Iconic breeds are, of course, the most-adopted breeds around, but that isn’t always the right choice for you and your family. You may have seen a particular breed on television, but that tells you little about how they actually are as well as what it would be like to live with that breed for years, even decades, to come. Consequently, investigating these popular breeds before adopting is critical to your happiness – and theirs! Take the Basset Hound for example; a classic breed that many have owned and enjoyed over the years, but is it right for you?
Small and Friendly
You know the Basset Hound as the somewhat diminutive, short, thick dogs with little curved tails and big floppy ears. They’re adorable in a strange way, and in recent years the attraction has largely been for their slightly absurd appearance. Yet this breed has a long and proud history, going back to its bloodhound ancestor. These were great hunting companions of the past, and when you see depictions of foxes being flushed out of hiding, it is often the Basset Hound or its ancestor doing the heavy lifting!
Of course, today, the Basset Hound is often a very different dog in the family indeed. Hunting is no longer its primary purpose; instead, it is a companion and a friend, and expected to behave as such. Fortunately, they’re great for exactly that. Basset Hounds are well-known for their gentle, friendly, outgoing nature. They are considered great with children, and while they are very “food driven,” this actually makes them much easier to train into the perfect family pet.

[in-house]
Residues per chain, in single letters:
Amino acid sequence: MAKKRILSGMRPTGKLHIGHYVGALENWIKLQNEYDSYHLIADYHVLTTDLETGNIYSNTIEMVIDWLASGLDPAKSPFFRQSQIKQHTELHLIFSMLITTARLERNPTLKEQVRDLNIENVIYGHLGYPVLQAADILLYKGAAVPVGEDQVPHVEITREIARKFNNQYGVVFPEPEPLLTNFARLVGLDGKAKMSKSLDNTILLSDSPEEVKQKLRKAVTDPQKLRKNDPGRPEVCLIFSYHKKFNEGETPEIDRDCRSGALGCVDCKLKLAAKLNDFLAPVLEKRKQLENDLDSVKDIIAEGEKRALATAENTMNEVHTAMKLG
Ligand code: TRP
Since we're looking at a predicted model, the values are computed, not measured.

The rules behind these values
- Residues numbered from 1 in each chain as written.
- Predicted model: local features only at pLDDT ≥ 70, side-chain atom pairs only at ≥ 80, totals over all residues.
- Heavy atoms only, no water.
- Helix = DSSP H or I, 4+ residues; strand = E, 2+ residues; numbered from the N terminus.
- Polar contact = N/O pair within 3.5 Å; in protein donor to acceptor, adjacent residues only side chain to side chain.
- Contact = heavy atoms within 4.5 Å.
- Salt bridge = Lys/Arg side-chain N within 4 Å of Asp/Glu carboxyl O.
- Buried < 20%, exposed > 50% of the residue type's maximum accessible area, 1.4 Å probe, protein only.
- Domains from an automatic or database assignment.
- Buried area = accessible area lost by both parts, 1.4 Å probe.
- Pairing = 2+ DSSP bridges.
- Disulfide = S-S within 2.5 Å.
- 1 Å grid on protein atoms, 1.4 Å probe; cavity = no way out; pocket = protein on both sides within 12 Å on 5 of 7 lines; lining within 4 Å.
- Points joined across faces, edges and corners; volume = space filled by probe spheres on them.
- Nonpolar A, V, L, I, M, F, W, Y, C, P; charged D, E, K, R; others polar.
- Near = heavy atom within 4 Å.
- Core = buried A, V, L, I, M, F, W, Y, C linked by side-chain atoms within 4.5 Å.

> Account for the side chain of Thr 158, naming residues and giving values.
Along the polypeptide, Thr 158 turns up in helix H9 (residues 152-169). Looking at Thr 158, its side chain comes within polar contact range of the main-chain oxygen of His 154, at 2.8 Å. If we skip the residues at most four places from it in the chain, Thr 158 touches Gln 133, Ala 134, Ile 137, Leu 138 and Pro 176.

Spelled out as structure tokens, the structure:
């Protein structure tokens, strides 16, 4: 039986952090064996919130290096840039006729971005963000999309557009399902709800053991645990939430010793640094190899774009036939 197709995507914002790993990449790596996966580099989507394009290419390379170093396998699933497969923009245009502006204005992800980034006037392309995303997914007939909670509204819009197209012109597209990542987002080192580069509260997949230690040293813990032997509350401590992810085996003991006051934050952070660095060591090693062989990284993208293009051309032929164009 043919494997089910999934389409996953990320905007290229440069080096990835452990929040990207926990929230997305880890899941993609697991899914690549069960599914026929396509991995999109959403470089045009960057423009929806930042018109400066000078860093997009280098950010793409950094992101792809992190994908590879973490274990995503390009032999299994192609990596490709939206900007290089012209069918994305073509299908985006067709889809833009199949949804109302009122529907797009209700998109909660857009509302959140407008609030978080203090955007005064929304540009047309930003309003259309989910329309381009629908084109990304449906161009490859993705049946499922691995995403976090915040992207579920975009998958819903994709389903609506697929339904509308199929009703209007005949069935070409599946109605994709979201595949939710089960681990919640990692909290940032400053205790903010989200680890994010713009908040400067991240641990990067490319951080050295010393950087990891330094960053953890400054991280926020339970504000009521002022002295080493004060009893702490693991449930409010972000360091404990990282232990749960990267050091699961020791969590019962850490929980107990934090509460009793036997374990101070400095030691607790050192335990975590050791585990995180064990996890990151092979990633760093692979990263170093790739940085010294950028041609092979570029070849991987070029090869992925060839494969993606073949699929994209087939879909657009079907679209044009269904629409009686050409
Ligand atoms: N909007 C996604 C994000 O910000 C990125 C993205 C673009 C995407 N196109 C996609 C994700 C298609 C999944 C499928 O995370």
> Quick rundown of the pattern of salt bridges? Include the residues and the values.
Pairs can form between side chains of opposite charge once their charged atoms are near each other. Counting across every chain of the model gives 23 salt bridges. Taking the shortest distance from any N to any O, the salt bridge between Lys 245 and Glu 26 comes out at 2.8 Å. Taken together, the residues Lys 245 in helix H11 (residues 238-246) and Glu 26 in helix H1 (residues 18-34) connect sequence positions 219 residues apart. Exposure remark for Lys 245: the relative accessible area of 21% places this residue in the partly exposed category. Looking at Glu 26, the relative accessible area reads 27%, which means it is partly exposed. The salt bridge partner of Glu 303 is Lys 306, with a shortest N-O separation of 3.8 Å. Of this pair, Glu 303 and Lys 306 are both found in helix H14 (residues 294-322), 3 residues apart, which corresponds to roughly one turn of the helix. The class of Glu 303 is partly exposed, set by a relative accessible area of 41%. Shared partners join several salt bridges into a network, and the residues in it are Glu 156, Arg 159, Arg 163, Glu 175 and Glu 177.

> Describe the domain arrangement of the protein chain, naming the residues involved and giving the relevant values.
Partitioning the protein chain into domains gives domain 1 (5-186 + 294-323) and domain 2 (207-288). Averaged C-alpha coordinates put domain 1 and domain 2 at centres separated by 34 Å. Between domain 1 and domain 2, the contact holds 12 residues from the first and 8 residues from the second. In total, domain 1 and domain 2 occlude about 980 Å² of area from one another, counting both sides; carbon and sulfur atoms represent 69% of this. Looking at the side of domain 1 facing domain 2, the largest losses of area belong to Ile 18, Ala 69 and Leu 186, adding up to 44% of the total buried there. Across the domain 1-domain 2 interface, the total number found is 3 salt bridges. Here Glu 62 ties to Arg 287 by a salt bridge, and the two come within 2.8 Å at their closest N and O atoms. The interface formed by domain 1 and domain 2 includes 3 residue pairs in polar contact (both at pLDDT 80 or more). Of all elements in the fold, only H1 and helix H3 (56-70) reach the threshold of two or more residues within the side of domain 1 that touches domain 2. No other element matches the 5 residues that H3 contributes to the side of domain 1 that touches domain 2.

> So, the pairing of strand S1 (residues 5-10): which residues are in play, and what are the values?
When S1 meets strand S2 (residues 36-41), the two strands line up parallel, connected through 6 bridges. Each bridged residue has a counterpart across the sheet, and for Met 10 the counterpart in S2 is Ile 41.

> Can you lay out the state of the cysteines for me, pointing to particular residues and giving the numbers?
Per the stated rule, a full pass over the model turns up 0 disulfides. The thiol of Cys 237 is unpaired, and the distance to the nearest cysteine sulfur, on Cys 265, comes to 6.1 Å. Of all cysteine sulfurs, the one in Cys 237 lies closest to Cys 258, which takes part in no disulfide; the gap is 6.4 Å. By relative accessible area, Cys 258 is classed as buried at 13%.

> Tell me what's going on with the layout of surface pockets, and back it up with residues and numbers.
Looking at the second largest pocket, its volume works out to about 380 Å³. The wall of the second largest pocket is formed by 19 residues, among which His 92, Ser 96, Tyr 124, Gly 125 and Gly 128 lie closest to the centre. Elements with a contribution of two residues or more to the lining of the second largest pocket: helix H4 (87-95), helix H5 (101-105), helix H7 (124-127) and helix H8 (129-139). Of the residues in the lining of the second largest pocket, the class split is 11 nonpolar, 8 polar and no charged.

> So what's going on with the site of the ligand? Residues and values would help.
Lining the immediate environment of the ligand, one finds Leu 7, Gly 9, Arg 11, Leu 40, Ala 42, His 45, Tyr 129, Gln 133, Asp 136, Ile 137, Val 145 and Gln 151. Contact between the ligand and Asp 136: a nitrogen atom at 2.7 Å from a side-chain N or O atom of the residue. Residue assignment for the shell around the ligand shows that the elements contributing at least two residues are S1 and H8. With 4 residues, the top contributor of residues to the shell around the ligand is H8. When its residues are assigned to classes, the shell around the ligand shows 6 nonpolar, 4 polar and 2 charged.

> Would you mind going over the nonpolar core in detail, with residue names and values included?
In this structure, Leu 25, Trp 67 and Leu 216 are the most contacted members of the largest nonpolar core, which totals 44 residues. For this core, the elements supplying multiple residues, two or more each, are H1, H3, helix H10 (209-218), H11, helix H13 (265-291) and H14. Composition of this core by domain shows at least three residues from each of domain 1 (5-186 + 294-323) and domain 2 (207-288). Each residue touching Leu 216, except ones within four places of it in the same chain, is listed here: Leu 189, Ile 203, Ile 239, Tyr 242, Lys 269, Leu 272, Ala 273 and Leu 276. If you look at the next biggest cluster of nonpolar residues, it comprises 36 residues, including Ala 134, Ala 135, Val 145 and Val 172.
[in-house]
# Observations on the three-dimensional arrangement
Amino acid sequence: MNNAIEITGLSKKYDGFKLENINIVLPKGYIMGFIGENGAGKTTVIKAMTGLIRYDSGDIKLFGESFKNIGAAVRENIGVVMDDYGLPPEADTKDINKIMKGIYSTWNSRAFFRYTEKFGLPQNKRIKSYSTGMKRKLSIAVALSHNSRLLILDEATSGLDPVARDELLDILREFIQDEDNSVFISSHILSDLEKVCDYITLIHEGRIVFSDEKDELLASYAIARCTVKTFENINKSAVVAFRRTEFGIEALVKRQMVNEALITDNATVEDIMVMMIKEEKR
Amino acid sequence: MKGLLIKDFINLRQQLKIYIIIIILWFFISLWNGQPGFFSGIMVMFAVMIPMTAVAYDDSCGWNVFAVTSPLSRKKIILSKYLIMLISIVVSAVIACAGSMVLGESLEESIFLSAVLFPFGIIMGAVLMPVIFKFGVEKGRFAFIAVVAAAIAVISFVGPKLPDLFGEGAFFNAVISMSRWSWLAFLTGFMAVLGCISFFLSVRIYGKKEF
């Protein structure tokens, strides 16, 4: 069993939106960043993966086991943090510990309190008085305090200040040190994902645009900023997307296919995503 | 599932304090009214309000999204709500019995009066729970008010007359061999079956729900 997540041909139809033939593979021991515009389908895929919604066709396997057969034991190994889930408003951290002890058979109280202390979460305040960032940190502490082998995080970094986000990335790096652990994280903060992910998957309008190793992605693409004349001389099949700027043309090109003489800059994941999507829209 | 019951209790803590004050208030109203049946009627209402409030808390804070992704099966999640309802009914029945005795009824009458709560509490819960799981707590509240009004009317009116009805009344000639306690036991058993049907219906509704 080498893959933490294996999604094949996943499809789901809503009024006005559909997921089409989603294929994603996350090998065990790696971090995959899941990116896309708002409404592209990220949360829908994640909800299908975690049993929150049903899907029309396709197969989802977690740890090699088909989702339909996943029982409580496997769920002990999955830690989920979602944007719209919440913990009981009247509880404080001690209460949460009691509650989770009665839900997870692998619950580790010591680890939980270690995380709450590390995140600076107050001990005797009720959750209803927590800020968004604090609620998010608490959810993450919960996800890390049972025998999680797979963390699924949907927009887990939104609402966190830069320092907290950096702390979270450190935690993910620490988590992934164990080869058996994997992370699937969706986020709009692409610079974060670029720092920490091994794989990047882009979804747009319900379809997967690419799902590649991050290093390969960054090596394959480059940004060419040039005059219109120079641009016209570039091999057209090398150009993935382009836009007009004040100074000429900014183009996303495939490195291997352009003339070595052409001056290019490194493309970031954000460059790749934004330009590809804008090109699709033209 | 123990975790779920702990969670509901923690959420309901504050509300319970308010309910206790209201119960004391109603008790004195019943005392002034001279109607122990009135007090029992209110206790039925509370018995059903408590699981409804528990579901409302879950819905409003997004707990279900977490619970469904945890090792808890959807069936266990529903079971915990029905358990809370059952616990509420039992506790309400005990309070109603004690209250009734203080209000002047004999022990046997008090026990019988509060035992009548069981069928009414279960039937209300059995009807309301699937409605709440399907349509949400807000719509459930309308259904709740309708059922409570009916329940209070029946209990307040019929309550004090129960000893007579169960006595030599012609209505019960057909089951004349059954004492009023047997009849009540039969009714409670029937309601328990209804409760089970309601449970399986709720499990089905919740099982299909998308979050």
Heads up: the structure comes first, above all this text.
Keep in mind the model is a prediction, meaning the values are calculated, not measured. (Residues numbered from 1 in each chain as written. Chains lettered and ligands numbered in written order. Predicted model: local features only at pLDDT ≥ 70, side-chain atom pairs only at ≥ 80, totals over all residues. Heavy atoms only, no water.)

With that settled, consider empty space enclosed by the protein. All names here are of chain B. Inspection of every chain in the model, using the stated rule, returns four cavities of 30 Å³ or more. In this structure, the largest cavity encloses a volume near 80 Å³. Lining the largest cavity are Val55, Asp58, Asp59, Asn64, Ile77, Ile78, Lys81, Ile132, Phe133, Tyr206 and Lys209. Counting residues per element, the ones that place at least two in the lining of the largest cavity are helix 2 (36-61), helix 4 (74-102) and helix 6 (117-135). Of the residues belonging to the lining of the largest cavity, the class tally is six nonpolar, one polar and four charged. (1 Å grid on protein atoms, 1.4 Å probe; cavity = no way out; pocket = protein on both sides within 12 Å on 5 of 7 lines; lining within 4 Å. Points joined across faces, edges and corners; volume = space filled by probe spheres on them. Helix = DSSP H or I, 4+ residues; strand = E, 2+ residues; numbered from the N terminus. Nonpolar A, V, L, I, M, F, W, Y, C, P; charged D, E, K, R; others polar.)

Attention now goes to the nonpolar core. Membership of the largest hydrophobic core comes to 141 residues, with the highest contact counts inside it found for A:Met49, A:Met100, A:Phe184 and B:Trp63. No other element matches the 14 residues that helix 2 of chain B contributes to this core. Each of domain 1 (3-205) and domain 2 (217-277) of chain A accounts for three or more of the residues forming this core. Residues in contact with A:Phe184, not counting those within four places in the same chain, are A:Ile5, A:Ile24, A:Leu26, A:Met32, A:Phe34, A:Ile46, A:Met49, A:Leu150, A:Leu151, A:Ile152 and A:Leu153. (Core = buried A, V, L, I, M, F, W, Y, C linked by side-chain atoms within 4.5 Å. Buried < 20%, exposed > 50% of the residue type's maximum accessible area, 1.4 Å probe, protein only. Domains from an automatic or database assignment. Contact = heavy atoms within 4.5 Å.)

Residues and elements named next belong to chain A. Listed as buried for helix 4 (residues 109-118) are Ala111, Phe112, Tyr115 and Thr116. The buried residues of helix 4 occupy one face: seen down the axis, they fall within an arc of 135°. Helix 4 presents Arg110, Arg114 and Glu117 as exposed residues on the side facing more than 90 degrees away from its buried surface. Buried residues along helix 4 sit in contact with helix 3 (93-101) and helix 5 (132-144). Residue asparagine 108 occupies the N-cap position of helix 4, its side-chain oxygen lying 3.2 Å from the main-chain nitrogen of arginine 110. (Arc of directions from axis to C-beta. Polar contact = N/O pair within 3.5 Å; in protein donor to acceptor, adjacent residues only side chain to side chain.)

The Peculiarities of a Basset Hound
Basset Hounds are still scent hounds, however, and as such a smell can often excite and interest them to the point of exclusion. They may ignore you or anything else that would otherwise get their attention in the interest of pursuing a smell, which is why it’s a good idea to keep your hound on a leash, lest they get away from you and into danger. This kind of stimulation is important, though; basset hounds, like other dogs, need regular exercise as well as mental engagement. They’re a sleepy breed, for sure, but being able to occasionally go out and root around in the larger world is important to them, or they’ll get a little stir-crazy on you.
Yet the Basset Hound is not just great with children, but also a great friend to other dogs and pets as well, making it an even better companion to you and member of your household. If you are willing to accept its particular interest in scents, then the Basset Hound may be perfect for you and your family!